• Aug. 2, 2011, 2:49 p.m. CST

    everybody is scum

    by Anthony Torchia

    Hey Knobules, you don't have to look hard to find a group, that so hates another group, that they think they are "scum." I wonder who thinks that about you?

  • Aug. 2, 2011, 5:02 p.m. CST

    Skip you are probably right but at least I wear deoderant.

    by Knobules

    Is it THAT hard to take a shower once a MONTH?

  • Aug. 2, 2011, 5:14 p.m. CST

    Bravo Mono...

    by SAILOR_RIPLEY

    man I miss George.

  • Aug. 2, 2011, 6:21 p.m. CST

    The CIA flooded the radical left with LSD

    by Nerd Rage

    To sabatogue and discredit them.

  • Aug. 2, 2011, 7:41 p.m. CST

    Wow! Generational Intolerance...AGAIN!

    by tintab

    So interesting that this constantly plays out over and over again with not a hint of irony or self-reflection. The sense of entitlement is related to what is "important" or what is "cool". Ever since the beginning of popular youth culture, every successive generation must somehow deconstruct the previous one. The present generation "must" be cooler because it's newer, up-to-date, corrects the mistakes of the past etc... Every generation has it's pretensions but these shouldn't prevent acknowledging something of interest and importance happened then or is happening now. Sadly, snobbishness and justification seem to be present in every generation.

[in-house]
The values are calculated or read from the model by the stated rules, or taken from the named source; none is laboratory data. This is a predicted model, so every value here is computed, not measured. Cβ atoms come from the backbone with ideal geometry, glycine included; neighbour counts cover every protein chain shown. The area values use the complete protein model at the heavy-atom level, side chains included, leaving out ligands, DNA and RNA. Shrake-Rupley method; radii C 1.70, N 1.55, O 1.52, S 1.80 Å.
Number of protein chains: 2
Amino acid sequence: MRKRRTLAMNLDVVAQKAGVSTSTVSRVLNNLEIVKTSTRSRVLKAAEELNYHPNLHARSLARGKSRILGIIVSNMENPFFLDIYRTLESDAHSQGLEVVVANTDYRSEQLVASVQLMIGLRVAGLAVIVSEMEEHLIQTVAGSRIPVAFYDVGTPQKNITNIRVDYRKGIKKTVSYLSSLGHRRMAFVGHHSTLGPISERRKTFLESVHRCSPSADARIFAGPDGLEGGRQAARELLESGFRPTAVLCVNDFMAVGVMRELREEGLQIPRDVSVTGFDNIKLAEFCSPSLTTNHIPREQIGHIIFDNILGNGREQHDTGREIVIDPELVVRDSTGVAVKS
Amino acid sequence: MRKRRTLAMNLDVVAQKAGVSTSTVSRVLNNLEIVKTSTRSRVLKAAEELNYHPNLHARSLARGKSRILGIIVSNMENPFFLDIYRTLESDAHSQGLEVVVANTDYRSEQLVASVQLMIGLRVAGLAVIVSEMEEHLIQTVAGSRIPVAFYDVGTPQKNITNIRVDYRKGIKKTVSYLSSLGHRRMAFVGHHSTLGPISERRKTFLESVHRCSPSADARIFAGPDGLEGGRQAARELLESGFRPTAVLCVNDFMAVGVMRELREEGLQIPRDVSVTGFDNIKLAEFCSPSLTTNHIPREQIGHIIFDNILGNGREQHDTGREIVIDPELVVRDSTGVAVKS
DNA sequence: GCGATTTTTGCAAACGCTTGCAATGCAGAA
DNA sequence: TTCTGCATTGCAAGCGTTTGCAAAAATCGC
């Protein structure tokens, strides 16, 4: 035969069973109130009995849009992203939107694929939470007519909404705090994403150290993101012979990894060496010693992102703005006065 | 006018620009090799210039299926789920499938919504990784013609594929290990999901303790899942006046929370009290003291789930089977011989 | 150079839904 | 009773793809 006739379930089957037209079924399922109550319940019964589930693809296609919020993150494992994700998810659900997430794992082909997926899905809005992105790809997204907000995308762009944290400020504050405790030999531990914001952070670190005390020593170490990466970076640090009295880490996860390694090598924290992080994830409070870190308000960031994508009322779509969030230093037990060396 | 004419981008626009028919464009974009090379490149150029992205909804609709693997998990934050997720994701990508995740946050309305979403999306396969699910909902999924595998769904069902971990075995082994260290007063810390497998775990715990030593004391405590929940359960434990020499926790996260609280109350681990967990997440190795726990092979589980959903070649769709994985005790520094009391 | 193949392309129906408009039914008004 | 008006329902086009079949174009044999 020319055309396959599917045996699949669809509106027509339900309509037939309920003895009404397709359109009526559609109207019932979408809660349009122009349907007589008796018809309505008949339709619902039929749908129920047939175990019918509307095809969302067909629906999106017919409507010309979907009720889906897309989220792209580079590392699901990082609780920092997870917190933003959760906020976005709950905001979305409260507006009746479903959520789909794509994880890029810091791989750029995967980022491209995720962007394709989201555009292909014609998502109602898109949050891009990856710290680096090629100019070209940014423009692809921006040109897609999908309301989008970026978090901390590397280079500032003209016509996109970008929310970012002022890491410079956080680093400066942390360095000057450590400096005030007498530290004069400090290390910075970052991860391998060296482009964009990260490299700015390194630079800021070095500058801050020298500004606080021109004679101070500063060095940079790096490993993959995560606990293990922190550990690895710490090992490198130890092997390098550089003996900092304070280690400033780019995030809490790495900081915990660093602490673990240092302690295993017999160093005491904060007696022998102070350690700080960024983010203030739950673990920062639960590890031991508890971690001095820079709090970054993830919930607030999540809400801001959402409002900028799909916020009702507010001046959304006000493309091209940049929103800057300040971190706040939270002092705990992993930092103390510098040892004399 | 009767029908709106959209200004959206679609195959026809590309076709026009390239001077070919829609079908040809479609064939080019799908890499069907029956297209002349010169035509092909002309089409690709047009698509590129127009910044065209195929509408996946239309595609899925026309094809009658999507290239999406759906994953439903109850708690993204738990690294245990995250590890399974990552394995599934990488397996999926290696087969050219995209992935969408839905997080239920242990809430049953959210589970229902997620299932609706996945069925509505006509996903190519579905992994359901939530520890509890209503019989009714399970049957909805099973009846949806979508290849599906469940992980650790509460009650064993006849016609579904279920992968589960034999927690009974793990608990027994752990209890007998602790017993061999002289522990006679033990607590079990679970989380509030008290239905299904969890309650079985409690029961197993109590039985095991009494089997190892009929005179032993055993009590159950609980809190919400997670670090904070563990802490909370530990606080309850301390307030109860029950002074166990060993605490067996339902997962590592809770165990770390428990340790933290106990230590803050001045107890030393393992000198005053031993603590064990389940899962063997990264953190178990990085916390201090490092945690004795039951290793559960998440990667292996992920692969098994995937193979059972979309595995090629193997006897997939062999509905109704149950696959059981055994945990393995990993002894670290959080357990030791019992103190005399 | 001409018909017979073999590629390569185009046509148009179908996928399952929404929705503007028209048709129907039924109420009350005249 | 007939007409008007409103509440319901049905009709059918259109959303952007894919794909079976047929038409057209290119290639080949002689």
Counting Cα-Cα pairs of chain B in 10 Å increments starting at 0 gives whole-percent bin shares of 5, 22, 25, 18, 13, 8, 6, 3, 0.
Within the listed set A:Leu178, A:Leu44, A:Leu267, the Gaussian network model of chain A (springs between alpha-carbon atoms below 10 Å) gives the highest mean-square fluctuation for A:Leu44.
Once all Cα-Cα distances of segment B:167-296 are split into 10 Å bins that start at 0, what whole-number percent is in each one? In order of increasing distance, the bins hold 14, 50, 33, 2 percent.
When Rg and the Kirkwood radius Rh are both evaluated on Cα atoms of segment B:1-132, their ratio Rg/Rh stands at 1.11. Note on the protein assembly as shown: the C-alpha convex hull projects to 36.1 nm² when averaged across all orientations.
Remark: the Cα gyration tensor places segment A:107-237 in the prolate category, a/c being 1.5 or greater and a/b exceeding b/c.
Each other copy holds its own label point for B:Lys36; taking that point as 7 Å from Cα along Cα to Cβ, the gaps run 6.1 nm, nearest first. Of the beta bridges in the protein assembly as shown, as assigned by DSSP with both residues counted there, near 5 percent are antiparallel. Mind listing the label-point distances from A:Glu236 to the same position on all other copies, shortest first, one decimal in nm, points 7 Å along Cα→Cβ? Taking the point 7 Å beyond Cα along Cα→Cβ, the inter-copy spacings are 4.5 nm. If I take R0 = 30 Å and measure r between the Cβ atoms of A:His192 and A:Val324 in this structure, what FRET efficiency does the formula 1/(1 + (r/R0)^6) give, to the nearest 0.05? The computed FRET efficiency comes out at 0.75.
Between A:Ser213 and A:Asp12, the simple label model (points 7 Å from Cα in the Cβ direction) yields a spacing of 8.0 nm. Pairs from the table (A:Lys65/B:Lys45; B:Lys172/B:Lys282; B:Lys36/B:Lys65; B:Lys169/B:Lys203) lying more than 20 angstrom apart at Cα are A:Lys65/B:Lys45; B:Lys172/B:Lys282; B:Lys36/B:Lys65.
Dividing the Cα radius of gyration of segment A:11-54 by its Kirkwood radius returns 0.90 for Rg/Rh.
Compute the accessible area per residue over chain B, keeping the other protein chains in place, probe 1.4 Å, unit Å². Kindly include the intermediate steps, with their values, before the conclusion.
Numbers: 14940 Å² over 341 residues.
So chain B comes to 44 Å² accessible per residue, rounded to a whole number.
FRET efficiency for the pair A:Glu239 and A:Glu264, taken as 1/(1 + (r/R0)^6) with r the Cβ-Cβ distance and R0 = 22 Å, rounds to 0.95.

• Aug. 3, 2011, 1:14 a.m. CST

    This looks amazing!

    by awardgiver

    I can't wait to see this. I love this era, its too bad it isn't showing in Texas. I would love to see this on the big screen. Ah well...let us know when the dvd comes out!!!

  • Aug. 3, 2011, 3:58 a.m. CST

    yep, does sound amazing.

    by billyhitchcock1

  • Aug. 3, 2011, 5:02 a.m. CST

    awardgiver

    by Massawyrm 1

    You can watch it right now on Amazon Streaming or the VOD provider of your choice. I dropped cash to watch this myself and it was worth it.

  • Aug. 3, 2011, 11:01 a.m. CST

    As Bart Simpson said to Homer

    by Himbo

    "Dad, you'd make a great Hippy. You're lazy, self-righteous... and your feet are JET BLACK!" That said, Kesey was hardly lazy. He started farming and just wanted to be left alone. That is the kind of hippy I can endorse. Cash the check for 'Cuckoo's Nest' and live in your hermitage. We'll leave each other alone and call it quits. Still find it interesting that he claims to have never seen film version of Cuckoo's Nest.

  • Aug. 3, 2011, 1 p.m. CST

    I will steal this movie just like Steal This Book

    by THAT_SAID_THE_CHOPPAH

    It only seems apropos.